2023 SSA Name Data Analysis

Here is my annual analysis of the SSA name data! I’ve been doing this since the 2019 data came out, but I still haven’t found a great way to organize it, so I’m sorry if this is long and dense!

*Note: All data is based on the top 1000 only. The percentages have total births (including beyond the top 1000) as the denominator but the numerator only includes names within the top 1000, so realistically most percentages would be slightly higher if names outside the top 1000 were taken into account.

In 2023, 7.23% of boys received names in the top 10, as did 6.54% of girls. Interestingly, this percentage has decreased for both sexes every year I’ve calculated it, but this year it actually rose for boys!

For girls, 6.12% received names ending in the -ley sound, and 2.84% received names ending in the -lyn sound (this includes names like [name_f]Madeline[/name_f], that could be pronounced -lyn or -line). These percentages have been steadily decreasing each year since I first calculated them 2020, suggesting this trend is past its peak.

While -ley sounds specifically are decreasing, the percentage of girls receiving a name ending in an “ee” sound has increased slightly, to 16.37%. Knowing how many nicknames also end in “ee” sounds, a higher percentage of kids on the average playground or classroom probably go by “ee” ending names.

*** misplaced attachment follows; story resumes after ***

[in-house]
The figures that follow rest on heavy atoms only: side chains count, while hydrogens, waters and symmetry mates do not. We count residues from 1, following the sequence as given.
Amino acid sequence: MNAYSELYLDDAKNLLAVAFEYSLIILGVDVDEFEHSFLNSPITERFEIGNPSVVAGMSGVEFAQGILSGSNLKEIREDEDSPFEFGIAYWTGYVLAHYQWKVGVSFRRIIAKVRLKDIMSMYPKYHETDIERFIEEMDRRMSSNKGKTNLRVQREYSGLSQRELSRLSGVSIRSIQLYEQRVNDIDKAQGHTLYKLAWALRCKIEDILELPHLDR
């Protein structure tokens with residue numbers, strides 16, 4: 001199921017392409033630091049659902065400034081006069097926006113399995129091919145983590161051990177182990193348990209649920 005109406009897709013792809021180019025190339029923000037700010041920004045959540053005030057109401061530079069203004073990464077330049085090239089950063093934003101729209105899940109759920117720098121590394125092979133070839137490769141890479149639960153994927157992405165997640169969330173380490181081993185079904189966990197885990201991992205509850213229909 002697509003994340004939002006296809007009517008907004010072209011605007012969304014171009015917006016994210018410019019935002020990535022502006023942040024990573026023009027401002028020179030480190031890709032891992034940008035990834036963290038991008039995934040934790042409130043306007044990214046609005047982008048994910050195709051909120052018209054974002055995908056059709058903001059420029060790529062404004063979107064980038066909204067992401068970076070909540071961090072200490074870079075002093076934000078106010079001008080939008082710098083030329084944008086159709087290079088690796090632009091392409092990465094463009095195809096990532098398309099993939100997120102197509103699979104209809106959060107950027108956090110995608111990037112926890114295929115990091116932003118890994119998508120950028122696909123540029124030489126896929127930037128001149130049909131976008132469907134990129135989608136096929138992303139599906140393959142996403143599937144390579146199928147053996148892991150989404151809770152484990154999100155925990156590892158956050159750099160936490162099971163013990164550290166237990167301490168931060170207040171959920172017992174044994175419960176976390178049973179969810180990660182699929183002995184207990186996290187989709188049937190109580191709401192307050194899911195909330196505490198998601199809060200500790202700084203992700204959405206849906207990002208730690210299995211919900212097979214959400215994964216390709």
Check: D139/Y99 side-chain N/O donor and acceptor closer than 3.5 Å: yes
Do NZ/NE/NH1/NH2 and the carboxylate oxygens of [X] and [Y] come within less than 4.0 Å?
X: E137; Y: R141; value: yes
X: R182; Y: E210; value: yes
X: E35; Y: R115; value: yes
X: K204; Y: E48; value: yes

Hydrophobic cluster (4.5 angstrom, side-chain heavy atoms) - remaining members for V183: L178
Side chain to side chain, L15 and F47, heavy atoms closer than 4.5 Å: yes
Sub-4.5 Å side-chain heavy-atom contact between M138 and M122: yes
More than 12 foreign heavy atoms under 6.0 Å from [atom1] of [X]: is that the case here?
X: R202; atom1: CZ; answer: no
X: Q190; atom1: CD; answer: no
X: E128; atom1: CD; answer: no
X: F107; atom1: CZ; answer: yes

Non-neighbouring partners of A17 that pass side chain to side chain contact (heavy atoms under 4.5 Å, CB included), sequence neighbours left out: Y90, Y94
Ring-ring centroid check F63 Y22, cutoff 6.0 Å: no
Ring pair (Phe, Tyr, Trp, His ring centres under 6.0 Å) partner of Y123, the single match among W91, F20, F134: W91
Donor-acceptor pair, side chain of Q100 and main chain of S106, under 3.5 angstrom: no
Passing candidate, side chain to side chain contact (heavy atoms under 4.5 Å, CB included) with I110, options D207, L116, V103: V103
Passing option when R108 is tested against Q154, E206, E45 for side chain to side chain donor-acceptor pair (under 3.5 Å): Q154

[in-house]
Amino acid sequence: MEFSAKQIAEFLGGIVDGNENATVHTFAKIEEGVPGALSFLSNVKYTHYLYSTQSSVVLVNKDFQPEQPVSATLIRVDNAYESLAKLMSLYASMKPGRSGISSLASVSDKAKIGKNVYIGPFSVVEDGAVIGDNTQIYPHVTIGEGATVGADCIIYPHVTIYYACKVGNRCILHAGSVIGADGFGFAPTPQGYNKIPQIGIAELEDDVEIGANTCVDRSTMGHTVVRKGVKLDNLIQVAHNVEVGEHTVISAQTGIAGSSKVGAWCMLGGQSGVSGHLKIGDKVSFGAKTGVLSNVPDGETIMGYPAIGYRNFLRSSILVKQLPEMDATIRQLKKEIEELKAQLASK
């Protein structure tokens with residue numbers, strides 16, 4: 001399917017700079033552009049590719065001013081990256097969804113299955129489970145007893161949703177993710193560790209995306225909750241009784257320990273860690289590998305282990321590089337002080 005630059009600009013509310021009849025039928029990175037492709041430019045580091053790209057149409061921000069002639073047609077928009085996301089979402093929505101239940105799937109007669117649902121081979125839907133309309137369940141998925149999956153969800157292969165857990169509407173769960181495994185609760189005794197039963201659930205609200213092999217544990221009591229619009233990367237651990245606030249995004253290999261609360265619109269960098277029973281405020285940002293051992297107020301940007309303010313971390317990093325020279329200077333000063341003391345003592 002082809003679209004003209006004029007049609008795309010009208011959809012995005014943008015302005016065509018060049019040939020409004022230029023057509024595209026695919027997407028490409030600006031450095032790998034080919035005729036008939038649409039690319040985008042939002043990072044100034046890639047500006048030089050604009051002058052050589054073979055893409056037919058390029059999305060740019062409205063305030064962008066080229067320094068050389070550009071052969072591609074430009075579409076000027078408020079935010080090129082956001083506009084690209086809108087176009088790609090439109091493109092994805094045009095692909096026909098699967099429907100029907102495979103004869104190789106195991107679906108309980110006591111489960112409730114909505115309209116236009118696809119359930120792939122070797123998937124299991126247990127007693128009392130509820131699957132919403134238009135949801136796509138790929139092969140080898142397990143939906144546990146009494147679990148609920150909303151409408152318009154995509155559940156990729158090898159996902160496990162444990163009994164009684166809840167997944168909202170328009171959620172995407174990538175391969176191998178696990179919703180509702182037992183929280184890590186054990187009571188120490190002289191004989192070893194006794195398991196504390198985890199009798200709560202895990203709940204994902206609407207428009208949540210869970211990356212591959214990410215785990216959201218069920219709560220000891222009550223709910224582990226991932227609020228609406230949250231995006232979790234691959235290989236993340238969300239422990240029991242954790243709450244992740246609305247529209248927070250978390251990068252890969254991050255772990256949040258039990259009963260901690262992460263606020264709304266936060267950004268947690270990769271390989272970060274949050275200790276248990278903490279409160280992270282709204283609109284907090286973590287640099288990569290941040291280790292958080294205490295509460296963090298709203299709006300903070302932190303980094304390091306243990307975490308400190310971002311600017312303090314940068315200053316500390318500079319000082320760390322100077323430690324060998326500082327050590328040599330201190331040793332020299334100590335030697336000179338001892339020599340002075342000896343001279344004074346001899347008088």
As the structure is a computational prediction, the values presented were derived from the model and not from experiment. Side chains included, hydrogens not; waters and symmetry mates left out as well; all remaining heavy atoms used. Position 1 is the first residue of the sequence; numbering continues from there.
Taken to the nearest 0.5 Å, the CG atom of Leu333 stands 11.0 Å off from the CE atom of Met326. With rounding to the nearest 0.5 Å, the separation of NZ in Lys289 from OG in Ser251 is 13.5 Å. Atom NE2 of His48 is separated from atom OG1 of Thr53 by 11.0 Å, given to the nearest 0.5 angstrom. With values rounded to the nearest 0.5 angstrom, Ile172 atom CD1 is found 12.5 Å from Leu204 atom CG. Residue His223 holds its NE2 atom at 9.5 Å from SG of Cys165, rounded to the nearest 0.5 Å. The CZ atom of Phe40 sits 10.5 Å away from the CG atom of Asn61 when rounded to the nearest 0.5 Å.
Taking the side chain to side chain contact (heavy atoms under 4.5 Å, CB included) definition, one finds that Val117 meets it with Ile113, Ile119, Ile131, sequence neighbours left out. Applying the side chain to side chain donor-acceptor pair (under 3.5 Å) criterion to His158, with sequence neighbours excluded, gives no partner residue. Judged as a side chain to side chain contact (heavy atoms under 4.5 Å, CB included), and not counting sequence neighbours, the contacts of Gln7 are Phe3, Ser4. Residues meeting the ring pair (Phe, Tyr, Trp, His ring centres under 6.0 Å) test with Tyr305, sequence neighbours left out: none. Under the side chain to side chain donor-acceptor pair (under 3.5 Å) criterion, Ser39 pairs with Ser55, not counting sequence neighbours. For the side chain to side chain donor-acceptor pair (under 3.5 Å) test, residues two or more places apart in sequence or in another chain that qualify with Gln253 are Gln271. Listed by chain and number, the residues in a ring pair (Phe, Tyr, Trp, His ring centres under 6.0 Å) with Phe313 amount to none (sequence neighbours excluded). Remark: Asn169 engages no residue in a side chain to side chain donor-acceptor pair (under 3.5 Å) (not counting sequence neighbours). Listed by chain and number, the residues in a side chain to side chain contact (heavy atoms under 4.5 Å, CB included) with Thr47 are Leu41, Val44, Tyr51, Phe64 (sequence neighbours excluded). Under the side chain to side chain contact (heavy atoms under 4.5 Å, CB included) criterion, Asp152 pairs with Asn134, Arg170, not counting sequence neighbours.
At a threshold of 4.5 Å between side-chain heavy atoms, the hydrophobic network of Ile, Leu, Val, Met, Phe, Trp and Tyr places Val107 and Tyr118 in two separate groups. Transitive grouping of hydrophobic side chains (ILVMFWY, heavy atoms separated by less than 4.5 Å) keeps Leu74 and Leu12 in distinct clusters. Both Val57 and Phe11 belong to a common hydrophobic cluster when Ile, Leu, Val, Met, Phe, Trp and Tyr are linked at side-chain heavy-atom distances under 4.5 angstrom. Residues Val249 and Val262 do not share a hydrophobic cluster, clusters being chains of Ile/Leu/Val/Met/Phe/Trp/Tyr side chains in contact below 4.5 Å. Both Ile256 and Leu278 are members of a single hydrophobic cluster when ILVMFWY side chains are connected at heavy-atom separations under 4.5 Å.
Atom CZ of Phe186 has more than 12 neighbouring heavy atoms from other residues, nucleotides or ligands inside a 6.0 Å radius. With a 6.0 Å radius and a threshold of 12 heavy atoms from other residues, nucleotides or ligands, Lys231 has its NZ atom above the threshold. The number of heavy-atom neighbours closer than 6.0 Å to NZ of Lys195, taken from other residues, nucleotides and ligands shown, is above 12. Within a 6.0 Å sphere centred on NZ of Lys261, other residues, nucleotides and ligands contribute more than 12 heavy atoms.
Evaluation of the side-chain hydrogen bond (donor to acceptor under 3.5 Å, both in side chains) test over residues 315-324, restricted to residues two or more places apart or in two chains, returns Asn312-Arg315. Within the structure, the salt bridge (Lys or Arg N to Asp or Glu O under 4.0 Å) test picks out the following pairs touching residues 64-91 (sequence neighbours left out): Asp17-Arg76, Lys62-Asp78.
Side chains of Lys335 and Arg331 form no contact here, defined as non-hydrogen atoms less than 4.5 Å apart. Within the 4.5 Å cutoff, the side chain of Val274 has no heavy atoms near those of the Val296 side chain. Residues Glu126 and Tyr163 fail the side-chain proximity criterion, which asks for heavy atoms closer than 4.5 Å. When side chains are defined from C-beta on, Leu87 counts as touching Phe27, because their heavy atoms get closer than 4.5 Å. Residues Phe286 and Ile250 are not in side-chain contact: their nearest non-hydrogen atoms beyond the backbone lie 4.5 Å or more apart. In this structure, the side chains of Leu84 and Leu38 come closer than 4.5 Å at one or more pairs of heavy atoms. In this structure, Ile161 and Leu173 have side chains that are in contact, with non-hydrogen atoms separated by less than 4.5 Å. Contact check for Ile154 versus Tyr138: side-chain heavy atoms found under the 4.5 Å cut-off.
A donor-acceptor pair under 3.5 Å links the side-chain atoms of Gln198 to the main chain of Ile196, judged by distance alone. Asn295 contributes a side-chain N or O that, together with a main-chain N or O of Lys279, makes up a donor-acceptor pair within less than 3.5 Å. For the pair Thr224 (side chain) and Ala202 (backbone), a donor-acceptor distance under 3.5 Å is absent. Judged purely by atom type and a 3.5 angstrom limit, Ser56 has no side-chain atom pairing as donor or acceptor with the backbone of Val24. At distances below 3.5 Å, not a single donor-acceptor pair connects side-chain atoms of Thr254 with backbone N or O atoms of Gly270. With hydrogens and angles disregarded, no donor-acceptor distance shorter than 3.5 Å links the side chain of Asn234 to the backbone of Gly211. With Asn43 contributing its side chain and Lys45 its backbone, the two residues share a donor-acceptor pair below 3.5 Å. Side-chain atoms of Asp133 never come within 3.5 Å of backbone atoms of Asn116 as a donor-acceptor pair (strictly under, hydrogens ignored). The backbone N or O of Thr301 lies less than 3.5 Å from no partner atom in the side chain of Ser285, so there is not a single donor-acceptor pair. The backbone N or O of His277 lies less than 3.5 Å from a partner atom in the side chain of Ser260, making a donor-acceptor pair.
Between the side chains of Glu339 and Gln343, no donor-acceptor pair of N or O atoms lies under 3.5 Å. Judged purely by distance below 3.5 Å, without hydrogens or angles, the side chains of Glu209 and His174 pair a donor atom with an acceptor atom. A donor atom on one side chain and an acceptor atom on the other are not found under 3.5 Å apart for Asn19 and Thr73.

For boys, -s endings are still growing in popularity. 6.60% of boys received names ending in the letter S, and the percentage rises to 8.66% if you include names that end in an ‘s’ sound but different letters, like [name_m]Chase[/name_m] or [name_m]Jace[/name_m]. This is higher than last year, which in turn was higher than in 2020.

5.06% of boys received names ending in L. This increases to 5.24% with names like [name_m]Cole[/name_m] and [name_m]Kyle[/name_m] included.

The -den, -ton, and -son names also remain trendy for boys, at 2.84%, 2.30%, and 4.07%, respectively. (This includes creative spellings like [name_m]Jaxon[/name_m] and Landyn). However, these percentages all decreased from last year.

-N ending boys names are getting less popular overall. 22.04% of boys received names ending in the letter N, with the number rising to 22.43% when you names like [name_m]Dane[/name_m] that end in the N sound but a different letter. Back in 2019, that number was over a quarter of boys at 25.38%, and it has decreased each year since.

Despite it feeling like a common ending to me, only 2.71% of boys received names ending in T.

Finally, -er ending names are also decreasing in overall usage, despite occupational surnames feeling fresh. This year 6.64% of boys received these names. Meanwhile, only 2.09% of girls received -er ending names, which was also lower than last year. Both of these percentages include other spellings of -er names, like [name_f]Skylar[/name_f].